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Lasker Foundation awards medical prizes

NEW YORK - Two researchers who opened up the field of heart-valve replacement and a scientist who discovered a type of cell that plays a key role in the immune system have won prestigious medical prizes.

The $150,000 Albert Lasker Medical Research Awards will be presented Sept. 28 in New York by the Albert & Mary Lasker Foundation.

Dr. Albert Starr of the Providence Health System in Portland, Ore., and Dr. Alain Carpentier of the Georges Pompidou European Hospital in Paris will share the clinical research prize for developing replacement heart valves. More than 300,000 people a year worldwide get heart valves replaced, the second most common heart surgery in the United States, the foundation said.

In September 1960, Starr performed the first successful valve replacement in a human.

But people who get artificial heart valves must take blood thinners for the rest of their lives to cut their risk of blood clots. To get around that, Carpentier adapted valves from pigs. In 1965, he and a colleague did the first successful replacement of a human valve with an animal valve.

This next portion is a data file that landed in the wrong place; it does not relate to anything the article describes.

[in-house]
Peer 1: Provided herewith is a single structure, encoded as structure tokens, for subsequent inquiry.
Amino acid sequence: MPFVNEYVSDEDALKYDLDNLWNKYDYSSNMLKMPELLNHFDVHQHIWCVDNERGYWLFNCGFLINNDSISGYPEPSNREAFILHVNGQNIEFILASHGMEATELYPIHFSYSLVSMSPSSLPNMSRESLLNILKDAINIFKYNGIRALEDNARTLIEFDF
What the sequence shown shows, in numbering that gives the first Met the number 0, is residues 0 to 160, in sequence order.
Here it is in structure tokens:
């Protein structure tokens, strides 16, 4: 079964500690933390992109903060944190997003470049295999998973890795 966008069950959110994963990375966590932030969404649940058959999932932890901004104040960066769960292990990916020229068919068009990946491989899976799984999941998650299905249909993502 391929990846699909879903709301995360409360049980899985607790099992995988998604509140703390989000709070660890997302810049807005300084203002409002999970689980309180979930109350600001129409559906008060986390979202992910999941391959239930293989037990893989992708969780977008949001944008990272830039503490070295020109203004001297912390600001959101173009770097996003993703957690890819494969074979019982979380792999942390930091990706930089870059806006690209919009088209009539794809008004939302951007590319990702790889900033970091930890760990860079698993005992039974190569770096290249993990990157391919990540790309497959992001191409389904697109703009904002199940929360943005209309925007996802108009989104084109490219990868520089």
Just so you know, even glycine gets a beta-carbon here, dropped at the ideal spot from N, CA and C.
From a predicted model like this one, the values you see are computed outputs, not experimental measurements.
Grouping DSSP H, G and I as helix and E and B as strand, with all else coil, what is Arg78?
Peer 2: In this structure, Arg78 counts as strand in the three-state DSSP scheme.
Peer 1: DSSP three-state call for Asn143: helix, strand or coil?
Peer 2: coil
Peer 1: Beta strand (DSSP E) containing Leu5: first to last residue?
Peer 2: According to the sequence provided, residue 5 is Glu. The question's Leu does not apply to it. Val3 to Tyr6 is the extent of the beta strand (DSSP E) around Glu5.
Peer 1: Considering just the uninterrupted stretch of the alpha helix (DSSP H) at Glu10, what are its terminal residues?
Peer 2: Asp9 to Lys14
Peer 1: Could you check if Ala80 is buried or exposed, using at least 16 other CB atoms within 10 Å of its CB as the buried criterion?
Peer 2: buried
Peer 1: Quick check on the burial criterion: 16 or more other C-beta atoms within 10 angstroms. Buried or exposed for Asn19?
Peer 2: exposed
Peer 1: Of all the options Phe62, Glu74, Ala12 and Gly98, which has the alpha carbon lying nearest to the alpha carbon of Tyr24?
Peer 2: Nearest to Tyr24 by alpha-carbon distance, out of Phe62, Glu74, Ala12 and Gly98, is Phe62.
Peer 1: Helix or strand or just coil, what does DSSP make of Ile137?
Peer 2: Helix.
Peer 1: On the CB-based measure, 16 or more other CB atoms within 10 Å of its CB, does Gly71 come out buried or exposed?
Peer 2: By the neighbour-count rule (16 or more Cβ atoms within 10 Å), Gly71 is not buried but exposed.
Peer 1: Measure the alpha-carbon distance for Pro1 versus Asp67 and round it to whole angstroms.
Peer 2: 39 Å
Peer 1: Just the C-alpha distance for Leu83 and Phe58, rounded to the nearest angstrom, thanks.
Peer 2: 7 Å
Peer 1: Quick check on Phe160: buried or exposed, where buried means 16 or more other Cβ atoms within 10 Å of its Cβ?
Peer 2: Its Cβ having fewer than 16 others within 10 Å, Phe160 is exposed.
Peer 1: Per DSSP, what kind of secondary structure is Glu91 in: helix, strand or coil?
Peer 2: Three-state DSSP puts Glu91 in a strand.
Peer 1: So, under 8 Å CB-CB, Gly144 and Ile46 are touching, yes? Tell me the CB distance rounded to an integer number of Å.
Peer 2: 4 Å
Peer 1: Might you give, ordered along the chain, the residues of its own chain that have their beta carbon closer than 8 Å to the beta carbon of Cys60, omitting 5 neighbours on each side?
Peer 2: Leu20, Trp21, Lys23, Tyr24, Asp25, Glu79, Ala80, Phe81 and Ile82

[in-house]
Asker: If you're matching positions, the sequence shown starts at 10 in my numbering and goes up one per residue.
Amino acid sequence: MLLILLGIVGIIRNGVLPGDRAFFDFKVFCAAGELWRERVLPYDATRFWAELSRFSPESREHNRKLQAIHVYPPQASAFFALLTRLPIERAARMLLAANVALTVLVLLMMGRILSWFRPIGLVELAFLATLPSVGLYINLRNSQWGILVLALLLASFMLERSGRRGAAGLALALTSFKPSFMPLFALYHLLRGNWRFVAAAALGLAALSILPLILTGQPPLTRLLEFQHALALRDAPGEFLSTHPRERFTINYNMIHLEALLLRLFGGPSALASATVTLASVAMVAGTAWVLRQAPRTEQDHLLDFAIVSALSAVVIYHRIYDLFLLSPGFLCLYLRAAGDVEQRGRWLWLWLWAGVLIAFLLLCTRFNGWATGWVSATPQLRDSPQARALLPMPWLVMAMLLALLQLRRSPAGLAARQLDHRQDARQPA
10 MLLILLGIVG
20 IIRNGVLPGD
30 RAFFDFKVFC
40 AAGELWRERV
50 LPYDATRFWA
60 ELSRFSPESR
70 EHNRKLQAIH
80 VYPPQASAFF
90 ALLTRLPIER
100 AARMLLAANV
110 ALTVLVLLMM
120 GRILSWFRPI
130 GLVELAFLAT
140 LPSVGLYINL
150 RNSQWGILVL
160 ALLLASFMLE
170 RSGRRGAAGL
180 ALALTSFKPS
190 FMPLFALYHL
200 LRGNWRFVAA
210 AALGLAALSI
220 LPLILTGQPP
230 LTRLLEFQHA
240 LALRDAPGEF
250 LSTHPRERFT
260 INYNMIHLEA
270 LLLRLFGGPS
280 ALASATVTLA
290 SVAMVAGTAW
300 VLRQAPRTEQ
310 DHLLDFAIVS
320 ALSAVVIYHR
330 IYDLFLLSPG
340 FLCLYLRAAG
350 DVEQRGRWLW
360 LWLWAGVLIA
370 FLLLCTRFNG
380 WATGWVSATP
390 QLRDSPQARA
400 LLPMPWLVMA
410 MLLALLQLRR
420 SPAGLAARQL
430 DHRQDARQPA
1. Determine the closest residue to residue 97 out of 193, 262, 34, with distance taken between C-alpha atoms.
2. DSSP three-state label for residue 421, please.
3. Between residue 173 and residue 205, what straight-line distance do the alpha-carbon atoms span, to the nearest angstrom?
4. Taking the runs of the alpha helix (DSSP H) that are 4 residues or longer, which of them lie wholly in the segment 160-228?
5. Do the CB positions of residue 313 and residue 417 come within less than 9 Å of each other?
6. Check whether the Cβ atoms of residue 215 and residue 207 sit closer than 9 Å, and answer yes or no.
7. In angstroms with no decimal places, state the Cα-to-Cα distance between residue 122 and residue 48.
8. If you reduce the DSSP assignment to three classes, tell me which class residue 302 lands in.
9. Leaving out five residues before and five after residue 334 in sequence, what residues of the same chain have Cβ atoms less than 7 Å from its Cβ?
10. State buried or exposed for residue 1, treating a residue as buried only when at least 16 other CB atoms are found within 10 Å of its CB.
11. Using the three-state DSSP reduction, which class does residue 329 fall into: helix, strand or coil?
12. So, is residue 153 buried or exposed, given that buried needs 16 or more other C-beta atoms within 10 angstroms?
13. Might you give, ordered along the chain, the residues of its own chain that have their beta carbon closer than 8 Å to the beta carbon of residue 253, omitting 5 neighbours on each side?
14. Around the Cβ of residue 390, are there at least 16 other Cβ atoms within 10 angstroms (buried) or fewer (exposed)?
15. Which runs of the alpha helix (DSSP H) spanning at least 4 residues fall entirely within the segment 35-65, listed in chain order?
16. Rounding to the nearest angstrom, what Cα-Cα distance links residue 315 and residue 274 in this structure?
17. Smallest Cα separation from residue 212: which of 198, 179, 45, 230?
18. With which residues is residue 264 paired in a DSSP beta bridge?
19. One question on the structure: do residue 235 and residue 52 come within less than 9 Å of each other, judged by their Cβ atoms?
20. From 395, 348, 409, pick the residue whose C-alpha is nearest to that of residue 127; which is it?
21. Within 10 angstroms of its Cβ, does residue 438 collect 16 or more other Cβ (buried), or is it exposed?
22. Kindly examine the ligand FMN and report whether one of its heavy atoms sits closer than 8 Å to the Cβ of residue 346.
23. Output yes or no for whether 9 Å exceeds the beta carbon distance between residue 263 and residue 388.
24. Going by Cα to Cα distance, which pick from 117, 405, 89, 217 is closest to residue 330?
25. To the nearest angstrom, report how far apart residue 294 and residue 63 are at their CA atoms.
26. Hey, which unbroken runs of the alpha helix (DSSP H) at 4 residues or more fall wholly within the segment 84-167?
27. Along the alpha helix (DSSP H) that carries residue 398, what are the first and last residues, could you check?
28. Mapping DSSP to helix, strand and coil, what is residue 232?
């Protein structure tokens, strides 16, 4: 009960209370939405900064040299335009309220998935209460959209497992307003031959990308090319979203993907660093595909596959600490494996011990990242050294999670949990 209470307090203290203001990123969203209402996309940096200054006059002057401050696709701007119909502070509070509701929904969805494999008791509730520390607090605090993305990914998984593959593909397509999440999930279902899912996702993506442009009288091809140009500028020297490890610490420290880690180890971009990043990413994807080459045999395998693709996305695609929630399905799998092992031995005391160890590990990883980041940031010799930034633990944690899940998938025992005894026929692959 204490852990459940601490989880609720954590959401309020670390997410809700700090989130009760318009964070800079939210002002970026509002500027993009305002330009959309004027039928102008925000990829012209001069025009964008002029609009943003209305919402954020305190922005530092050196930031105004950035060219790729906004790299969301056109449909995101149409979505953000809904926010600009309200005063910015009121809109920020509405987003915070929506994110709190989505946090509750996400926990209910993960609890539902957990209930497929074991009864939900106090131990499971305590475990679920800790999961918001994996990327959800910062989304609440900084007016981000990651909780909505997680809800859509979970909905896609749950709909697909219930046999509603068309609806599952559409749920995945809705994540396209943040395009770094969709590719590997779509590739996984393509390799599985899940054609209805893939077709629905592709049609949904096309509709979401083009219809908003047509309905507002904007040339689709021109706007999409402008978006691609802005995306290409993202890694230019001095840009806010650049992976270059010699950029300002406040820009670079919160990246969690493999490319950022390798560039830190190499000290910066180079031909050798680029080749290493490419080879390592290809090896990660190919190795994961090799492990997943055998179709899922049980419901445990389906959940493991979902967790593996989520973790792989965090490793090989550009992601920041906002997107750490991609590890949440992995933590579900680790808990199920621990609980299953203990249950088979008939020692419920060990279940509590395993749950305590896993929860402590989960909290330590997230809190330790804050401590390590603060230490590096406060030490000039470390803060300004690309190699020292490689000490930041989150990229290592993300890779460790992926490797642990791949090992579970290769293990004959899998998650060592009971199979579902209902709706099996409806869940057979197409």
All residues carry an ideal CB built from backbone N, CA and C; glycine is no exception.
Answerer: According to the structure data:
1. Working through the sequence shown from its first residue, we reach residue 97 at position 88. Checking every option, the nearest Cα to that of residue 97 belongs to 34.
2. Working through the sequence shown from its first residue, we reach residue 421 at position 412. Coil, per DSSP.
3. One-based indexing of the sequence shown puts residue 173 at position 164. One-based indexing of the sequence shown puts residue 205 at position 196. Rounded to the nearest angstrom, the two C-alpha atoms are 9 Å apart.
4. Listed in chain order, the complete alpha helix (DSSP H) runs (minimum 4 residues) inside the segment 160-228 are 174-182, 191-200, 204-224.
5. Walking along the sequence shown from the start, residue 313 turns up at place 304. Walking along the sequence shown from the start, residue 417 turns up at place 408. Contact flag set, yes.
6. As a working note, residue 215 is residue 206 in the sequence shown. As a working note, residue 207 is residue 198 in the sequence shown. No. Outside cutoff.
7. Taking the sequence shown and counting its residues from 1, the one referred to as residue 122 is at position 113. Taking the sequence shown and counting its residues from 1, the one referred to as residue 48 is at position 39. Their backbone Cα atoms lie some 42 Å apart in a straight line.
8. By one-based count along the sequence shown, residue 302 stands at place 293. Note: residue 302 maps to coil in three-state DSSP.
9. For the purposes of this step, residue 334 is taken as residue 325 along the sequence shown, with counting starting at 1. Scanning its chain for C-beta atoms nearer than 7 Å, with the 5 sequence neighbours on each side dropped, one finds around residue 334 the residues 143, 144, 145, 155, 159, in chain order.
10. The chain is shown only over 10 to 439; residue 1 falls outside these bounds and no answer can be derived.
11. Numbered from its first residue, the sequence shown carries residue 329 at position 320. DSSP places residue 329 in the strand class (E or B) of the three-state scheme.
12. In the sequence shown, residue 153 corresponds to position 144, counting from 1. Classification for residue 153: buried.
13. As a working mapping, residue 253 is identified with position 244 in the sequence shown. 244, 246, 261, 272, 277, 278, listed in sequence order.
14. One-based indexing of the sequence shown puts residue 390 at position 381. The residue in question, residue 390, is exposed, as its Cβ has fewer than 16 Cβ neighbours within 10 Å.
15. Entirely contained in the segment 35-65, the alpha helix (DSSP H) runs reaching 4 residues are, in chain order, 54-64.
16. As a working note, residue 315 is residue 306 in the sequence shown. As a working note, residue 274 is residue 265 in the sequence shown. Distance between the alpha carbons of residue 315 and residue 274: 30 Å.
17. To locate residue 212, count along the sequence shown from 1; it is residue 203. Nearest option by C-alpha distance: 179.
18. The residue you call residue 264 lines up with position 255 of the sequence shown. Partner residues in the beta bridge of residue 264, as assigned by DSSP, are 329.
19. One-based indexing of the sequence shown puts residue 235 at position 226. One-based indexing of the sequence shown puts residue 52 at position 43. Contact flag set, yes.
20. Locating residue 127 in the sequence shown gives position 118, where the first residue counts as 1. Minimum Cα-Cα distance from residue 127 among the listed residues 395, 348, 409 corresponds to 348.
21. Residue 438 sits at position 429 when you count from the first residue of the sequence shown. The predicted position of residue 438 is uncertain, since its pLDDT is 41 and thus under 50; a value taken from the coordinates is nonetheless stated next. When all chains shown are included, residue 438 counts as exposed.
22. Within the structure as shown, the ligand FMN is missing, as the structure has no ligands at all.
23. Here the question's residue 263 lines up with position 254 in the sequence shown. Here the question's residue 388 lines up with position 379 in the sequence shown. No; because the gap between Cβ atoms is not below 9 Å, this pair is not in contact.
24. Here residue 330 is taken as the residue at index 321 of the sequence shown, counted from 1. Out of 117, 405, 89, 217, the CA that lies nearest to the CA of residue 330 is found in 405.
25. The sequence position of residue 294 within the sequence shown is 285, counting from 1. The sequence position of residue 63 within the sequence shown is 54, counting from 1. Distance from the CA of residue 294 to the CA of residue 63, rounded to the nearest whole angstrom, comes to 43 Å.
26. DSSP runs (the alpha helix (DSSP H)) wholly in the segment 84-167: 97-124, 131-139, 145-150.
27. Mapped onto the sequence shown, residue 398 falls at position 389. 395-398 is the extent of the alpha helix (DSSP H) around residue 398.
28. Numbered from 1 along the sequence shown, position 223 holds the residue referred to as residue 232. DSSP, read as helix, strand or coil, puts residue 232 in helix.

Carpentier also developed a valve repair surgery that "ushered in the modern era of valve reconstruction," the foundation said.

The prize for basic research goes to Dr. Ralph Steinman of The Rockefeller University in New York for discovering dendritic cells, which trigger defenses against germs.

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